There are no fill-in-the-blanks Motion to Quash forms. You must create your own Motion to Quash on pleading paper. You can find pleading paper formatted for use in the Sacramento County Superior Court for free on our website. You can find sample language to write a Motion to Quash in the resources listed at the end of this Guide.
With a Motion to Strike, the defendant asks the court to eliminate specific parts of a pleading, including phrases or individual words. In limited jurisdiction cases (under $25,000), parties may only use this motion to attack the “prayer” portion of the complaint, where the plaintiff states the amount of money or relief being requested.
In an unlimited jurisdiction case (over $25,000), all or part of a pleading may be deleted on the various grounds set forth in CCP § 436, including:
- Material or language that is irrelevant or improper
- Material, language, or entire pleadings that are not in compliance with state laws or court orders
A Motion to Strike is similar to a Demurrer, in that it challenges defects in the complaint. However, the two pleadings challenge different types of defects. A Demurrer is used to challenge the legal sufficiency or clarity of the claims. A Motion to Strike is used to challenge improper or irrelevant information, or complaints not made in conformity with laws, rules, or court orders. Additionally, a Demurrer is used only to attack entire causes of action, while a Motion to Strike can be used to attack portions of a cause of action.
If the Motion to Strike is sustained with leave to amend the complaint, the Plaintiff can file and serve an Amended Complaint, and the case will proceed. If the Motion to Strike is denied, the defendant may file an Answer.
There are no fill-in-the-blanks Motion to Strike forms. You must create your own Motion to Strike on pleading paper. You can find pleading paper formatted for use in the Sacramento County Superior Court for free on our website. You can find sample language to write a Motion to Strike in the resources listed at the end of this Guide.
Be careful of the timing of this type of motion; you will need to allow yourself enough time to file an Answer. See California Civil Courtroom Handbook and Desktop Reference (KFC 995 .Z9 T46) §4:4 for hints on timing this type of motion.
Grounds on which venue can be changed include:
- The case was filed in the wrong court
- An impartial trial cannot be had in the original court
- Witness convenience and the ends of justice are promoted by the transfer
- No judge of the court is qualified to act
- The case involves the state or a city, county, or local agency
Changing venue does not terminate the case; it merely moves it to a different court.
There are no fill-in-the-blanks Motion to Change Venue or Motion to Transfer forms. You must create your own motion on pleading paper. You can find pleading paper formatted for use in the Sacramento County Superior Court for free on our website. You can find sample language for these motions in the resources listed at the end of this Guide.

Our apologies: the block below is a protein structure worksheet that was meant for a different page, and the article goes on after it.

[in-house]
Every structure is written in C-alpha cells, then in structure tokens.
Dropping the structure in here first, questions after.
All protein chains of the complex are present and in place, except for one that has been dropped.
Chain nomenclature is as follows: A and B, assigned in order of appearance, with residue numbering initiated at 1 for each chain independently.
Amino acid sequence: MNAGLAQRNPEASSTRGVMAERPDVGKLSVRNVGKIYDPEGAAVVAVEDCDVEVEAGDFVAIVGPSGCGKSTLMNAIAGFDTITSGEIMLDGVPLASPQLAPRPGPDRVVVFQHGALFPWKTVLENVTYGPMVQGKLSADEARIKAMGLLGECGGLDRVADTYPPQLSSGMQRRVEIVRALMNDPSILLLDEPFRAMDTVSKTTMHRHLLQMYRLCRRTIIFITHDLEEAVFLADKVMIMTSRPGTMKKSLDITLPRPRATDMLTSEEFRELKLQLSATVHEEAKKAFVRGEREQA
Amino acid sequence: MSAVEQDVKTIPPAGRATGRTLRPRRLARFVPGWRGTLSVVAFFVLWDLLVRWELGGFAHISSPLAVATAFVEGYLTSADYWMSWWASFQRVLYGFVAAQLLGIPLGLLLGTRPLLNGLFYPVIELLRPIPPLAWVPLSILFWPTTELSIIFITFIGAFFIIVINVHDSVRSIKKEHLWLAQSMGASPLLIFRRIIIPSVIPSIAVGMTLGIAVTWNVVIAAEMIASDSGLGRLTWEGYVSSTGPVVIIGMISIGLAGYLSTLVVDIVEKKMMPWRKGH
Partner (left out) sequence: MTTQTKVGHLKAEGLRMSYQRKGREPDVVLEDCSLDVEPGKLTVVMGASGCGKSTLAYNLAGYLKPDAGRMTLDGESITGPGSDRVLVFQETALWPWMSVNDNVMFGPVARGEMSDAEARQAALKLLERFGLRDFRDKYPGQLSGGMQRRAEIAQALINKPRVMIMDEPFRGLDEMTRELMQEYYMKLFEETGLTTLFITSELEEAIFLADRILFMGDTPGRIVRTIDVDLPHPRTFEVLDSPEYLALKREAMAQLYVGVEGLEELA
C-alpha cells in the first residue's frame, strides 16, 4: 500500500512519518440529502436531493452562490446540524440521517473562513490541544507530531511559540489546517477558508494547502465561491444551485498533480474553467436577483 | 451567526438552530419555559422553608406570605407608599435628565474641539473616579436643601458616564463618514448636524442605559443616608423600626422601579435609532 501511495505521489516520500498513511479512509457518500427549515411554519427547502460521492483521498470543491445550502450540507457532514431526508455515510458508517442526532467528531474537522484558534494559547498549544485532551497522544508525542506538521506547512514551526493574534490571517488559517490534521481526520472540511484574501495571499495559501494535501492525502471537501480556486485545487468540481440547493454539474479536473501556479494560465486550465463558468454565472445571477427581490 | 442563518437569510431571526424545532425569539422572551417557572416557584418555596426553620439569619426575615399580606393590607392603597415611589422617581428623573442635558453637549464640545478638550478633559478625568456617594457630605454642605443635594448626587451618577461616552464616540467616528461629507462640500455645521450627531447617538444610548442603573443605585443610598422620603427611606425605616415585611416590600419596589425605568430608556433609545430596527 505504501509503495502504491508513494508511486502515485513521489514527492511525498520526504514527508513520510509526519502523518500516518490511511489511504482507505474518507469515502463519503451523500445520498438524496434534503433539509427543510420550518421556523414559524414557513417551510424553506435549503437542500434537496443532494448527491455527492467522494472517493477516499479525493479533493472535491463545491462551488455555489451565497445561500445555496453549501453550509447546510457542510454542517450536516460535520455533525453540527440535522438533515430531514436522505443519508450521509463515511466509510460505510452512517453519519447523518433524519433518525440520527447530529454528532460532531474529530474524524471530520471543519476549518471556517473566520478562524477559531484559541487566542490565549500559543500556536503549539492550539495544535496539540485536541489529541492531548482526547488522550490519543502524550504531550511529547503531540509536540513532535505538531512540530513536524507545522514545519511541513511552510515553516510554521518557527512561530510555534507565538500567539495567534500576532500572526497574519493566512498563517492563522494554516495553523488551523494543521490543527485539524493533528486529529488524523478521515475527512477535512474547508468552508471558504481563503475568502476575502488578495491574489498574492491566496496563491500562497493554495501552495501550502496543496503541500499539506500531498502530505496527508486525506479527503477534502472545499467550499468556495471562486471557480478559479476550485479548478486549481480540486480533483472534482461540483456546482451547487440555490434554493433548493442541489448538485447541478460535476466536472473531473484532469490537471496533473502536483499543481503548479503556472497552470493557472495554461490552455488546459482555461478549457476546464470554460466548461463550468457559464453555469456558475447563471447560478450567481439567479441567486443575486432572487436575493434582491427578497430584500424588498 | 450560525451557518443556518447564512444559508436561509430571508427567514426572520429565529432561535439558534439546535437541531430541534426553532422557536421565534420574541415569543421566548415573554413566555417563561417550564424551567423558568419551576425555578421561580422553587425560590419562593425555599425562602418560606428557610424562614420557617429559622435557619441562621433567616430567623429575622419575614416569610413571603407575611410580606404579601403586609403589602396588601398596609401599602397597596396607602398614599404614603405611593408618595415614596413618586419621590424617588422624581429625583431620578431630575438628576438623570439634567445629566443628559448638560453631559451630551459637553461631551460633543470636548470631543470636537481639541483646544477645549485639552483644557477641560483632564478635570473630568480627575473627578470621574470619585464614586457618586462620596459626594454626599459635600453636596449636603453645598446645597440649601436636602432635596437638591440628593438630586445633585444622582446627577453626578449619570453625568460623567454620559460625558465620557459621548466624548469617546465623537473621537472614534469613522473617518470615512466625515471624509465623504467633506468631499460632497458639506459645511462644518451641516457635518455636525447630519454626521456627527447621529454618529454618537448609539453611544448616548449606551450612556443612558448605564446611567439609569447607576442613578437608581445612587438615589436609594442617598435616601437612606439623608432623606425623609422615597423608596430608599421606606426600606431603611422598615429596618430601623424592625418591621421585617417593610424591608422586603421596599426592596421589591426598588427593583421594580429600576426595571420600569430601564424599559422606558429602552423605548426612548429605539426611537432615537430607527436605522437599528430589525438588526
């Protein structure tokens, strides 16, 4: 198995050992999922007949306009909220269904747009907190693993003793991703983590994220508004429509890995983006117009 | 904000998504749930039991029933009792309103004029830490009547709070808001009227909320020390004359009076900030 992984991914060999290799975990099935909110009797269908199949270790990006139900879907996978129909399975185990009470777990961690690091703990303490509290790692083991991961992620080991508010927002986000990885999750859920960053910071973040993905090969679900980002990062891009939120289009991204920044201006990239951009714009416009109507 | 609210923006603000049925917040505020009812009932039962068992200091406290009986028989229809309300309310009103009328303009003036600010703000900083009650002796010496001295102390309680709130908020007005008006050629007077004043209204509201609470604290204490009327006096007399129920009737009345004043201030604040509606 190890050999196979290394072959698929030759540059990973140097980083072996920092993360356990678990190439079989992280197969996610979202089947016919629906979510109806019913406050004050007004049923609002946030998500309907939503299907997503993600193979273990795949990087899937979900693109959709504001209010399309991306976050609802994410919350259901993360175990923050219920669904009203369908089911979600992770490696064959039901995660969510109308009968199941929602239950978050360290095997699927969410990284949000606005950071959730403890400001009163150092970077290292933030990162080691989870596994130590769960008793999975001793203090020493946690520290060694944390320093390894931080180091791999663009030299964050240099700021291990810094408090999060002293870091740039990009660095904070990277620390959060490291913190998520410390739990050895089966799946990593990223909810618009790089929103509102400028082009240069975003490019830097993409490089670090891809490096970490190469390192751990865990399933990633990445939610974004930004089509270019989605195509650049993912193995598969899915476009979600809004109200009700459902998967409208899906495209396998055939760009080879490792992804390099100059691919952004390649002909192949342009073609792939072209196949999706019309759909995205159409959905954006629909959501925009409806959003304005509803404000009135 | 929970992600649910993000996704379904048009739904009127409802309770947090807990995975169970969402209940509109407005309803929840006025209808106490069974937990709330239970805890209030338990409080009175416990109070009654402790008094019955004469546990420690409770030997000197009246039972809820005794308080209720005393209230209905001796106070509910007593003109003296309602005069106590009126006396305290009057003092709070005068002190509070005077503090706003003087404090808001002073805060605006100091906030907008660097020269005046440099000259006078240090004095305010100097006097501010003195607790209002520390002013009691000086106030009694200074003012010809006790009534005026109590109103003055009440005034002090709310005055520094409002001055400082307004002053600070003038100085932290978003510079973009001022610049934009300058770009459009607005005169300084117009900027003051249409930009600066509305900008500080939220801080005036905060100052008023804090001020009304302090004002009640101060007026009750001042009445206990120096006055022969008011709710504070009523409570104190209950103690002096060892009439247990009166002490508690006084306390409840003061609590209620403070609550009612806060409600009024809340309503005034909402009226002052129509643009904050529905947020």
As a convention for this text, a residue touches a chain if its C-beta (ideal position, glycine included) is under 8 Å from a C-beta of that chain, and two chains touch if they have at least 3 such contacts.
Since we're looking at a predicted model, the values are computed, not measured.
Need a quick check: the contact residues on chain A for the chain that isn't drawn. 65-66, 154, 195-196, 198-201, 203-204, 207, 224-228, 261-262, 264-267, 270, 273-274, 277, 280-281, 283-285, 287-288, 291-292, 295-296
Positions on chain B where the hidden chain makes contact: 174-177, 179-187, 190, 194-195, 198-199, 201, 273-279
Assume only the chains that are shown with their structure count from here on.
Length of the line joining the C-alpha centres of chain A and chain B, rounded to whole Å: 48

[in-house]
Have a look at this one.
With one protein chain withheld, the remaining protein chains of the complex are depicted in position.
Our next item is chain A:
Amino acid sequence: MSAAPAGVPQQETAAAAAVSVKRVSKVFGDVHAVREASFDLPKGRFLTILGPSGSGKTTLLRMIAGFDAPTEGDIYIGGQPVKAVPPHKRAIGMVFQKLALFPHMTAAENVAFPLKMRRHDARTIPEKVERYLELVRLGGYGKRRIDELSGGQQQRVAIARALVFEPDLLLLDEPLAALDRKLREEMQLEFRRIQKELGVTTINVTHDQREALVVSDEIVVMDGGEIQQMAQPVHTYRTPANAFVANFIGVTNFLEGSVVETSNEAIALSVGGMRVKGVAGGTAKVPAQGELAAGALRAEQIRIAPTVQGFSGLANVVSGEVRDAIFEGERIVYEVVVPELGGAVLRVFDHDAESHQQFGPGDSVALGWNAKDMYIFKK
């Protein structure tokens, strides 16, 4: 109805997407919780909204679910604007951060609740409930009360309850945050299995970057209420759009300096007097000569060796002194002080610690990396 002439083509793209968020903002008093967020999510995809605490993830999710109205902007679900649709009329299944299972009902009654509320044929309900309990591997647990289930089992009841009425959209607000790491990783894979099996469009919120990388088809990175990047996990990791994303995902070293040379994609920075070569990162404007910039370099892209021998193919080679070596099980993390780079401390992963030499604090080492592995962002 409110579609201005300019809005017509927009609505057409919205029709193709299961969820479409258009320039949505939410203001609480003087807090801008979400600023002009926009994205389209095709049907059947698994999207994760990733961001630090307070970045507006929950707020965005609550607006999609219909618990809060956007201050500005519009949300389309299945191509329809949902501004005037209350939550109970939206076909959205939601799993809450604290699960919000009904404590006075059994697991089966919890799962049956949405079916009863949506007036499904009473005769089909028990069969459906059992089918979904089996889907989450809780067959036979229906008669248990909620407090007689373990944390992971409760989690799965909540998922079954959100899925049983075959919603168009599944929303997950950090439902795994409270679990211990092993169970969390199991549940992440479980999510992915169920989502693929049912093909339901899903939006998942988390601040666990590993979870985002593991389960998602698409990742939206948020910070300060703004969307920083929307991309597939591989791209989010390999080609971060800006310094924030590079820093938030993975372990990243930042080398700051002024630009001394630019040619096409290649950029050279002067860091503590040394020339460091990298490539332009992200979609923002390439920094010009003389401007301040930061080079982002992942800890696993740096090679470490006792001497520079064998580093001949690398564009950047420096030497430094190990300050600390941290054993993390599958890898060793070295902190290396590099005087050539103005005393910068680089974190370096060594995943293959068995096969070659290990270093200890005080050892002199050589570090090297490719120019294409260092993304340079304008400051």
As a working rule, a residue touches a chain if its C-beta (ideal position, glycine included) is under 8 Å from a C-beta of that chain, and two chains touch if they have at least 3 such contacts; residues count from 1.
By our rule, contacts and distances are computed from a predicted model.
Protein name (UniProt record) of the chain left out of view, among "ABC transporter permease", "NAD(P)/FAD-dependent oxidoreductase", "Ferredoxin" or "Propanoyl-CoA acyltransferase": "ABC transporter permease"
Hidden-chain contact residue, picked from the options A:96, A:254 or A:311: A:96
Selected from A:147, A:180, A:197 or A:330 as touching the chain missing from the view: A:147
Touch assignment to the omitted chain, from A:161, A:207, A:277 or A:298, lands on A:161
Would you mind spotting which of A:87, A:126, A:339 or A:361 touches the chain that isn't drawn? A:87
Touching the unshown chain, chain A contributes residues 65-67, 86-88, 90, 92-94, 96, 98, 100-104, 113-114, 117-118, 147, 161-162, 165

If you have a claim that arises out of the same transaction, occurrence, or series of events as the plaintiff’s lawsuit, you must file a Cross-Complaint with your Answer. If your Cross-Complaint is not filed before or at the time you file your Answer, you will need to file complicated paperwork to ask the judge for permission to file your Cross-Complaint.
Fill-in-the-blanks forms are available for Cross-Complaints in specific types of cases:
- Cross-Complaint–Personal Injury, Property Damage, Wrongful Death (PLD–PI–002)
- Complaint–Contract (PLD–C–001) (check the box for “Cross-Complaint”)
These forms are also available to copy at the Law Library from West’s California Judicial Council Forms KFC 995 .W45 C3 (Reference).
If these forms do not fit your needs, you can type your Cross-Complaint on pleading paper. You can find pleading paper formatted for use in the Sacramento County Superior Court for free on our website. Consult the resources listed at the end of this Guide for more information, and for sample language for writing Cross-Complaints.
These resources provide background information, procedural details, and samples of documents needed for procedures listed above.
On the Web:
Problems with Money, California Courts Self-Help Website
When You’ve Been Sued – Information for the Defendant, Santa Clara Superior Court Self-Help Website
At the Law Library:
- California Civil Courtroom Handbook and Desktop Reference KFC 995 .Z9 T46
- California Civil Practice: Procedure KFC 995 .A65 B3
- California Civil Procedure Before Trial KFC 995 .C34
Electronic Access: On the Law Library’s computers, using OnLaw.
- California Forms of Pleading and Practice KFC 1010 .A65 C3 (Ready Reference)
Electronic Access: On the Law Library’s computers, using Lexis Advance.
- California Practice Guide: Civil Procedure Before Trial KFC 995 .W45
- California Pretrial Civil Procedure KFC 995 .M38
Electronic Access: On the Law Library’s computers, using Lexis Advance.
- Win Your Lawsuit KFC 968 .D86 (Self-Help)
Electronic Access: From any computer (Law Library or home) via the Legal Information Reference Center. Instructions are available on our website.
SH@LL (Self-Help at the Law Library) (formerly Civil Self Help Center)
609 9th Street, Sacramento CA 95814
(916) 476-2731 (Appointment Request Line)
Services Provided: SH@LL provides general information and basic assistance to self-represented litigants on a variety of civil legal issues, including name changes. All assistance is provided by telephone. Visit “What we can help with” for a list of qualifying cases.
Eligibility: Must be a Sacramento County resident or have a qualifying case in the Sacramento County Superior Court.
This material is intended as general information only. Your case may have factors requiring different procedures or forms. The information and instructions are provided for use in the Sacramento County Superior Court. Please keep in mind that each court may have different requirements. If you need further assistance consult a lawyer.